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04-23-2011 07:08 PM
My mother's landline is provided through Verizon for both her local calling and her long distance. Today, she tried to make 2 long distance calls and got a message that she needed an "access code". When she called Verizon's customer service, they told her that she was dropped from her long distance and she needs to call the business office on Monday.
Is this something that Verizon can just drop without notifying the customer or could it be a mistake somewhere in the system? She never received anything to give her an access code, and we don't even know who (what company) is asking for this access code.
Any info that you can provide is appreciated! Thanks!
Solved! Go to Solution.
04-25-2011 10:21 AM
We are sorry to hear that you are experiencing a problem. We do care about our customers and we would like the opportunity to resolve any issues that you may be experiencing. We have sent you a PM. Thanks Tonyad
08-12-2011 05:10 AM
I am a service coordinator at a home for Seniors and a number of the residents have switched to Verizon Lifeline and cannot make long distance calls to family. They need an access code which I obtained for each of them. Now they need to know how to use them!!! How do you use the access codes???? Thanks for your time in answering this request. ngd
03-08-2013 02:34 PM
So I just got version home phone and internet. Internet is working great except for when I call out on my phone it asks me to put in an access code. I'm pretty sure I can call anywhere in the U.S. I don't know why It's asking for an access code. I can't make outgoing calls. HELP!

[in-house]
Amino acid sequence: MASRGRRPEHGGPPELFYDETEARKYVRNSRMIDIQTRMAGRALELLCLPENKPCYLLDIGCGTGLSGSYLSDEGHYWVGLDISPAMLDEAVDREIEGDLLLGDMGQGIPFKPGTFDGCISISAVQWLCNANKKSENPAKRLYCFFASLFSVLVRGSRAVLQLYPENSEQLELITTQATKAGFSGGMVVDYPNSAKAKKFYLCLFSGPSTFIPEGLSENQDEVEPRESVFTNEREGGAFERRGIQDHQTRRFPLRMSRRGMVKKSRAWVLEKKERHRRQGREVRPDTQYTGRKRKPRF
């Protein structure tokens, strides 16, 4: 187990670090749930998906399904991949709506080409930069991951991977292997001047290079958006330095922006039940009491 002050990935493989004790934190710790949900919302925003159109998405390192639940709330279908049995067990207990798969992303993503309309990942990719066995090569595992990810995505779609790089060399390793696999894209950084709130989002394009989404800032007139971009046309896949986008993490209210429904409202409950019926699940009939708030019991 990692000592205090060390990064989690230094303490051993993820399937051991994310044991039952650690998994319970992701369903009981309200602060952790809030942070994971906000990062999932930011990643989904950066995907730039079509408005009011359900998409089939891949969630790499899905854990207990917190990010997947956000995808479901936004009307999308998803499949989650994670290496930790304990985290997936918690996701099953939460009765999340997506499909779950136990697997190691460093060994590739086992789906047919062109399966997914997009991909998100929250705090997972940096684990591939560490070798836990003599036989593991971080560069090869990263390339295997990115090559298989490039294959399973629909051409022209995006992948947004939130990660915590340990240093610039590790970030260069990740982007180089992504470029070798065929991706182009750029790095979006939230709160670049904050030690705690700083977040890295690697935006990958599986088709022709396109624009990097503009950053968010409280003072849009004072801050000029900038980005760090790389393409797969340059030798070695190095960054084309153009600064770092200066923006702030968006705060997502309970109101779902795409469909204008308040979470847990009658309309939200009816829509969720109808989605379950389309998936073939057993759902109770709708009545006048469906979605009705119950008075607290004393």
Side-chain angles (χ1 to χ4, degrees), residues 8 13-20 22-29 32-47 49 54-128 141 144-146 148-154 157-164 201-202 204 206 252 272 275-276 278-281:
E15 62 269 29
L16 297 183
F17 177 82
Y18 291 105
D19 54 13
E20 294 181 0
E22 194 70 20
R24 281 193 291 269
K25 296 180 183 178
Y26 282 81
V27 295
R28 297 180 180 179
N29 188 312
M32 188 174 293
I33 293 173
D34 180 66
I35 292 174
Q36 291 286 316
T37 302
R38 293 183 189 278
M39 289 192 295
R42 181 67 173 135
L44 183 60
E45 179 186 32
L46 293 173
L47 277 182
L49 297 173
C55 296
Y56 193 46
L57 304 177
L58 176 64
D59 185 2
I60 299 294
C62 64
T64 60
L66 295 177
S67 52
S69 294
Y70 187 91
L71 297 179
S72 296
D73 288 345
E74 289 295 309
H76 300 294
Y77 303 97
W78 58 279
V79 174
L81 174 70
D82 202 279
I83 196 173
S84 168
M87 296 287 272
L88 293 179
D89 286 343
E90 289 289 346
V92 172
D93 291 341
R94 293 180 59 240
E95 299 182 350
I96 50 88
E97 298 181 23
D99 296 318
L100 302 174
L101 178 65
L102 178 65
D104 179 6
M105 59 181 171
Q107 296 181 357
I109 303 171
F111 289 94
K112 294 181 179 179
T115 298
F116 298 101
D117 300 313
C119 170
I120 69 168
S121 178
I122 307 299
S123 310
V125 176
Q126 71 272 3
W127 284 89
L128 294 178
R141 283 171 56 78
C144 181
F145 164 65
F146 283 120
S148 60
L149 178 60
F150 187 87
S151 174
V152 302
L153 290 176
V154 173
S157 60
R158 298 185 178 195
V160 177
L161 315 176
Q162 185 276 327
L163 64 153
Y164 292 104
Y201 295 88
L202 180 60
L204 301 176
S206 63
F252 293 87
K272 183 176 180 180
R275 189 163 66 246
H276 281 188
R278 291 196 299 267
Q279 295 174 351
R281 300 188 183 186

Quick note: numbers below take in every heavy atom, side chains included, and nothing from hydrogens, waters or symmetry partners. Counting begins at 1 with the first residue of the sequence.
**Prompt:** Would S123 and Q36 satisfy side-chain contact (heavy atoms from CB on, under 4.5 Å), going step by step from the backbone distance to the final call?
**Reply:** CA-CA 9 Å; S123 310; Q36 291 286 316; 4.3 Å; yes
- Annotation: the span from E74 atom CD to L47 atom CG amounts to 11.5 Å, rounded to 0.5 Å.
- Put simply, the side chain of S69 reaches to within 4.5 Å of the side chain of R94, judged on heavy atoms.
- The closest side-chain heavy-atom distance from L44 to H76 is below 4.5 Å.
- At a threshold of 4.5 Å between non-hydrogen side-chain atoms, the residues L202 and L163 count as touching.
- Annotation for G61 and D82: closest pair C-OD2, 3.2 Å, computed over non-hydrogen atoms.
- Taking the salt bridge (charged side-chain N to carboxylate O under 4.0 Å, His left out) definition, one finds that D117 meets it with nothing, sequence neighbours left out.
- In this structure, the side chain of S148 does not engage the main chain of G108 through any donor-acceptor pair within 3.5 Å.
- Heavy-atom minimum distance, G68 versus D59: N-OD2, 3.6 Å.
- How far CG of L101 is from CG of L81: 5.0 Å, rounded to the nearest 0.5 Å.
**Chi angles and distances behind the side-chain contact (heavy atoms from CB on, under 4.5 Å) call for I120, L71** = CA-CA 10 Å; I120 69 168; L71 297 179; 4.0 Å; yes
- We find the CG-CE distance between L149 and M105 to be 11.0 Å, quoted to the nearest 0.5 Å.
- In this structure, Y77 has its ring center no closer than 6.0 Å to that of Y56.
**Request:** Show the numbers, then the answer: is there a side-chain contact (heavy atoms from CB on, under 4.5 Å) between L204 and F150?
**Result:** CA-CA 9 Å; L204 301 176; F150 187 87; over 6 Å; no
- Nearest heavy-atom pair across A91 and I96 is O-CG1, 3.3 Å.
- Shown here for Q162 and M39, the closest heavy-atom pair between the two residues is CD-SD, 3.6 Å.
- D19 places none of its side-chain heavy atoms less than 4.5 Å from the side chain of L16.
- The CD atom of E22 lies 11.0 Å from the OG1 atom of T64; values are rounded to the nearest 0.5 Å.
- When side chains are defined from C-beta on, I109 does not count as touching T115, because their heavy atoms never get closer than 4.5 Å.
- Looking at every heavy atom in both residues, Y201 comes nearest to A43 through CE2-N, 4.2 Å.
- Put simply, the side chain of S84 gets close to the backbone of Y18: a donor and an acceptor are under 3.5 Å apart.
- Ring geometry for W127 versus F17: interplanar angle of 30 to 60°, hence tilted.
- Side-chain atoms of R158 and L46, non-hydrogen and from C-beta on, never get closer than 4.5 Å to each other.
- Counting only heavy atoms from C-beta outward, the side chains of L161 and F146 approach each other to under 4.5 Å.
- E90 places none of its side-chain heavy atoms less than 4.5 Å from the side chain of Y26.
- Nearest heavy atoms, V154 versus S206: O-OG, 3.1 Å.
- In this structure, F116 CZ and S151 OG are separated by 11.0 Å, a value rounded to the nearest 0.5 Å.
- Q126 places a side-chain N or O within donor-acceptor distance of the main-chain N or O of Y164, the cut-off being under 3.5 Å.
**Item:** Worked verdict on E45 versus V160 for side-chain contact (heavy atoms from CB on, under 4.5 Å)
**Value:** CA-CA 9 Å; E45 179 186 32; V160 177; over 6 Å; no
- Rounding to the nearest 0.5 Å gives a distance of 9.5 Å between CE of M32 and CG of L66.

03-08-2013 02:43 PM
If you are having an issue with your Verizon service, you can use the Verizon Troubleshooter to fix and report issues with your Verizon Phone, FiOS TV, or Internet Service, as well as to schedule a repair, here is the link:
You can find tools on the Verizon Residential Support page that may help you diagnose your issue:
03-08-2013 05:08 PM
Just wanted to let you know that when we had this problem it was easily fixed. What happened was there was a code that at one time NJ used to call the Philadelphia area at a cheaper rate (not sure exactly what it was but it was like 10-10-NJB or something like that). You were always able to use either that code or just dial the number directly 1-215-xxx-xxxx or 1-610-xxx-xxxx (the normal way to call someone) and both ways worked. For some reason instead of the regular calling plan we were always on, we were switched to a different one. So we were unable to use the direct calling method of 1-215-xxx-xxxx (the normal way to call someone) and it kept giving us an error for the "code". The person I spoke to figured this out and switched us back to the regular plan that we had. They were unsure as to what happened and we just figured it was "glitch" in the system.
Not sure if you ever had a discount code in your area like that, but it could be a reason for that error if you are trying to dial the regular number. Hope this helps.
06-28-2013 06:36 AM - edited 06-28-2013 06:52 AM
A cheap access-code to call Southern NJ from SouthEast Pennsylvania is to precede the number with "10-10-BPA" (this is known as "Jersey Link") -- you may have to dial a "1" after that, before the area-code of the number you are trying to reach.
Another out-of-state, or out-of-country (except Canada) access code is to use another carrier with the "10-10-288" access-code (somewhat expensive), but, don't use this for in-state calls, or it will cost you a boatload !
( In-state calls, you might try the "10-16-963" [???], (or, is it "10-16-369" [???] ) access-code ).
To avoid access-codes, altogether, you could sign-up for an "Unlimited Long-Distance" plan with Verizon, which gives you unlimited calling within the U.S., or to Canada, but that is expensive (without discounts, about $65 per month).
You should STILL be getting to make toll-free-calls without an access-code (numbers beginning with 1-800, 1-888, 1-877, 1-866, 1-855, etc. ).